Kojima's interprets Henri Bergson's thinking about the body (in Matter and Memory) in phenomenological terms. He examines Bergson's distinction between imaginative memory and repetitive memory, with respect to their temporal and spatial aspects. "[R]epetitive memory as kinesthetic structure," he summarizes, "constitutes the tip where all consciousness (which for Bergson means all imaginative memory) contacts the body (especially the brain) as the central image and penetrates it from the past" (p. 132). In Kojima's reading, Bergson leaves no room for the generation of imaginative memory, and he would need a concept of a consciousness acting passively in the present to grasp perceptive presentation (which for Kojima takes place not in the material world, but the phenomenal). There is thus no conscious stream moving from the present to the past. He suggests a "return of imaginative memory to perspectival horizontal intentionality and of repetitive memory to the vertical temporal intentionality," and says this will mean "that the spatiality of the body is not only a present section of life-time, but also a historical embodiment of life into a definite form through the intersubjective coupling (Paarung) of vertical intentionalities" (p. 133).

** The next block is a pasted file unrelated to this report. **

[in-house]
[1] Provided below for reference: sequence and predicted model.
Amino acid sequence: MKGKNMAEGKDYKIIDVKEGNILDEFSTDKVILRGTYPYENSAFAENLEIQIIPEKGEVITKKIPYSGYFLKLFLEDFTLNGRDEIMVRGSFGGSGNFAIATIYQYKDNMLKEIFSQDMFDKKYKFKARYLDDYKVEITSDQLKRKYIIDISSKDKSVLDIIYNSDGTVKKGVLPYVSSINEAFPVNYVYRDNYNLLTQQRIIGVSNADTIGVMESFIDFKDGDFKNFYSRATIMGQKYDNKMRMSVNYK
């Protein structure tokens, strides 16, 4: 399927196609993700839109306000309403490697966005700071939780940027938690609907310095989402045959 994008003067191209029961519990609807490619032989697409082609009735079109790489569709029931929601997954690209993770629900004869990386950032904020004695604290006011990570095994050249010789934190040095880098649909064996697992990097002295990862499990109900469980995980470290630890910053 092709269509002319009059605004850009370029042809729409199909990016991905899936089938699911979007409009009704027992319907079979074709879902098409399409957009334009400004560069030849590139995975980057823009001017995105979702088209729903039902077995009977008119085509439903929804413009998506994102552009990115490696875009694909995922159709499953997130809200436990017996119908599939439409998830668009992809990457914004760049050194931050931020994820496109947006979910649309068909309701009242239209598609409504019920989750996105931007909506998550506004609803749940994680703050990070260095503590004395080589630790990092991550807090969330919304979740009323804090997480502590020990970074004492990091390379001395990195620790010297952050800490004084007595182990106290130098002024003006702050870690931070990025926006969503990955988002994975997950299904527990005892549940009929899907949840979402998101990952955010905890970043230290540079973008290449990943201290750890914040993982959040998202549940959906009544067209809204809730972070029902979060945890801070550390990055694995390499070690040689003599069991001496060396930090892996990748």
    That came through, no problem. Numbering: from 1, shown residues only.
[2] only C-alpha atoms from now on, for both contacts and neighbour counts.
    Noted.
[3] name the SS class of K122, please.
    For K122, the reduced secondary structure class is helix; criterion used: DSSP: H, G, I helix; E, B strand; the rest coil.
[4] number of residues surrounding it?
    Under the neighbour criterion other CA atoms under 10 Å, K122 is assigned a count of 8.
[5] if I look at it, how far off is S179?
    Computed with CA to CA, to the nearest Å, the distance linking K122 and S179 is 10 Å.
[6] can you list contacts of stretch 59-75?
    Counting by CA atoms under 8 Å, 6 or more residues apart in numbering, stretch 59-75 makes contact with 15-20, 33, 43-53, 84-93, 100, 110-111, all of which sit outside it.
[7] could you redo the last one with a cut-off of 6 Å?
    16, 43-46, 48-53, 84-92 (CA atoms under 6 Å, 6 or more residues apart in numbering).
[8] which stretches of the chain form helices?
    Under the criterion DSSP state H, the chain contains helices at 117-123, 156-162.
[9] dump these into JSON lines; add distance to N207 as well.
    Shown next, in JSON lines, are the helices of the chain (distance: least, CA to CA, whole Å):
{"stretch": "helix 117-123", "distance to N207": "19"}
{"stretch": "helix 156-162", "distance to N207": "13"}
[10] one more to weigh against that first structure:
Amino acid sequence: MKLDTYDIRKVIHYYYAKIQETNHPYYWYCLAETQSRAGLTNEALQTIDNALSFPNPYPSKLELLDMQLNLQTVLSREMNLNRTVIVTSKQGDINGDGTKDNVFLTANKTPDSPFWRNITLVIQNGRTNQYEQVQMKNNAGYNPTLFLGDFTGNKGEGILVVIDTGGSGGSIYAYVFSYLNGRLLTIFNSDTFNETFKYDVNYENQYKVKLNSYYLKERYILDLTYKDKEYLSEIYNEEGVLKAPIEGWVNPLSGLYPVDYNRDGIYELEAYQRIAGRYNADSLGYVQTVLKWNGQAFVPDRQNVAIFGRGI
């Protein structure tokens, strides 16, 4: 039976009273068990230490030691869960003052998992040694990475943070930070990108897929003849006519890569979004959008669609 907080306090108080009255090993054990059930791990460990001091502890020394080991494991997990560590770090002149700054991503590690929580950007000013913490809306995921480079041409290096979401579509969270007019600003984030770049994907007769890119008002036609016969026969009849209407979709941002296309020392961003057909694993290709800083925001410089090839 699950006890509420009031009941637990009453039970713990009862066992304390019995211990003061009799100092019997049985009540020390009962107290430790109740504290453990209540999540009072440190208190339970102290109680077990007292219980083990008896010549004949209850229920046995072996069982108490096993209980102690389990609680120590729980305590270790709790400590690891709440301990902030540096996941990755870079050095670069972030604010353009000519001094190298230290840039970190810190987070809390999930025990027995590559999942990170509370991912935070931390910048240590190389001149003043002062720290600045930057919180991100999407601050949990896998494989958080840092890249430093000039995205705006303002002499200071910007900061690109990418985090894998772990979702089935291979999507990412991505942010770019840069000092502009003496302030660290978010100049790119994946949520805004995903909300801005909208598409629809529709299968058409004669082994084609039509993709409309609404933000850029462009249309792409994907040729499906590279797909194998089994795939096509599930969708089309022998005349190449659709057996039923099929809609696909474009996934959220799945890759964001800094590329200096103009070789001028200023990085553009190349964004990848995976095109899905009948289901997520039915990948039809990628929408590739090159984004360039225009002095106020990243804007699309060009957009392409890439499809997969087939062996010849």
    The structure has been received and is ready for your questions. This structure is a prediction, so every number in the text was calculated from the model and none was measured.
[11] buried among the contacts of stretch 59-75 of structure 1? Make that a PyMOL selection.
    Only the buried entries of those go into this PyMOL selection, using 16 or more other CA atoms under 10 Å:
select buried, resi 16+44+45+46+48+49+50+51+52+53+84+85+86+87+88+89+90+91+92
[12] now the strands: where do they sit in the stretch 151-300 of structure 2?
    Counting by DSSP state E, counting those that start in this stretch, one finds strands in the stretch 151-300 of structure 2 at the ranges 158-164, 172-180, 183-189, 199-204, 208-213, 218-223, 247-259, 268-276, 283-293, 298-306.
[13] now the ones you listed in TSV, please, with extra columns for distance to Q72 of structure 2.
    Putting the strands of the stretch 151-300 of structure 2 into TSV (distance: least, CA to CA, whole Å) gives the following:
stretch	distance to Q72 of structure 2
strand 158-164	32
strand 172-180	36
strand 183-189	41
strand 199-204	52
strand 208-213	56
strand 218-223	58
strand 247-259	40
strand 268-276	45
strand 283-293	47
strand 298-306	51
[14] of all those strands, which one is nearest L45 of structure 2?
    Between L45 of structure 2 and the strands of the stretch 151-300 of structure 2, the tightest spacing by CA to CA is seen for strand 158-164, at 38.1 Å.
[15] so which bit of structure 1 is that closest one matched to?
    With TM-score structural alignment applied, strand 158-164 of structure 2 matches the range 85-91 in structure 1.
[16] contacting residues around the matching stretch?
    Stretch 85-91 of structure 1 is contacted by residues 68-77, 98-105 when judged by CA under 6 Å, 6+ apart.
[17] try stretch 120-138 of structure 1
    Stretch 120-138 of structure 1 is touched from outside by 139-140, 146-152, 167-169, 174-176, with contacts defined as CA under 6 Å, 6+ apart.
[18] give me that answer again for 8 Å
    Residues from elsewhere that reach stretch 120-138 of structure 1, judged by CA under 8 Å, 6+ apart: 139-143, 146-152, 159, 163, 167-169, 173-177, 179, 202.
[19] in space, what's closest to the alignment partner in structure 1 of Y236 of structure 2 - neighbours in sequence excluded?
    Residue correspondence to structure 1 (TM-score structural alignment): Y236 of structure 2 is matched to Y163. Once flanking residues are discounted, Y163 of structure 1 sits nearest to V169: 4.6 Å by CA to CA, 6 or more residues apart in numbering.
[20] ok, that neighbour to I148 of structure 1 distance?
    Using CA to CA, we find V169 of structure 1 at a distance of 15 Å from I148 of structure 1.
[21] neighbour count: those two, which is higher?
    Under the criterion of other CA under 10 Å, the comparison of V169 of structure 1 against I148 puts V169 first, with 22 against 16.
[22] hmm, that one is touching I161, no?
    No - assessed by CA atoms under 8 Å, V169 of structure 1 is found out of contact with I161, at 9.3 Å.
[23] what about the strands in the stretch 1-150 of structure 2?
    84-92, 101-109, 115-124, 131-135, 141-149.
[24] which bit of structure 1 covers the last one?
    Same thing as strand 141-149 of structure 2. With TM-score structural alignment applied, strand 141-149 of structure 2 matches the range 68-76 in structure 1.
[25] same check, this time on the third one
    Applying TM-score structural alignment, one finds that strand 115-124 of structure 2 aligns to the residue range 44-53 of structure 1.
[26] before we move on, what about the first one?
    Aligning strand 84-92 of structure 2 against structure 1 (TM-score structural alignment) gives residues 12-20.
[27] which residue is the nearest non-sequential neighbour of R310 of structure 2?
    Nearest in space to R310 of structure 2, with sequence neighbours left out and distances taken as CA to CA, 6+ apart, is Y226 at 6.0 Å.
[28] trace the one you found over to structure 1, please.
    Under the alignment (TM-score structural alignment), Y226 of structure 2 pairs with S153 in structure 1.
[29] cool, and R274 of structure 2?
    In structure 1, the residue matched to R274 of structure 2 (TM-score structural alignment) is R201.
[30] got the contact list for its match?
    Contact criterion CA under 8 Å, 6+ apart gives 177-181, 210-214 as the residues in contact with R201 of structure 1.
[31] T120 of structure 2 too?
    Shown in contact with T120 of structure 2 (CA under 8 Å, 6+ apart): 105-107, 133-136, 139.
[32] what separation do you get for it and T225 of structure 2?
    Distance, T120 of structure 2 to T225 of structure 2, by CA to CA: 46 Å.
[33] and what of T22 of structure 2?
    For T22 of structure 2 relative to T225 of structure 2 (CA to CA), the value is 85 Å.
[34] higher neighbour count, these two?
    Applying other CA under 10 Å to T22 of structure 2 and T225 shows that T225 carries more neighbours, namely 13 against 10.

For Kojima, the somatic ego is a double subjectivity, but its doubleness does not exactly correspond to the two intentionalities, horizontal and vertical. He examines Max Scheler's idea of a body-feeling, and sees a dialectical synthesis that takes the form of a body-surface-consciousness.

The body-surface-consciousness, which spreads all over the surface of my body as the clothing of my life, looks around the world through the whole surface of my body (including the back or the tips of the toes) as a horizon-intentionality, and looks at the object "by becoming the thing" (Nishida), grasping the whole surface of a thing with the corresponding whole surface of my body as an object-intentionality. In other words, my perceptive consciousness looks at the world or objects only through and in accordance with my physical body, which my life wears as its nonpositional clothing. In addition, the same surface-consciousness, as incarnated by life (Leib), gives an ambiguous character to all the kinesthetic sensations of my body, which are extensive and external to each other, though not posited in space and time, as Max Scheler has shown. This consciousness can also be aptly called "the kinesthetic body-apperception."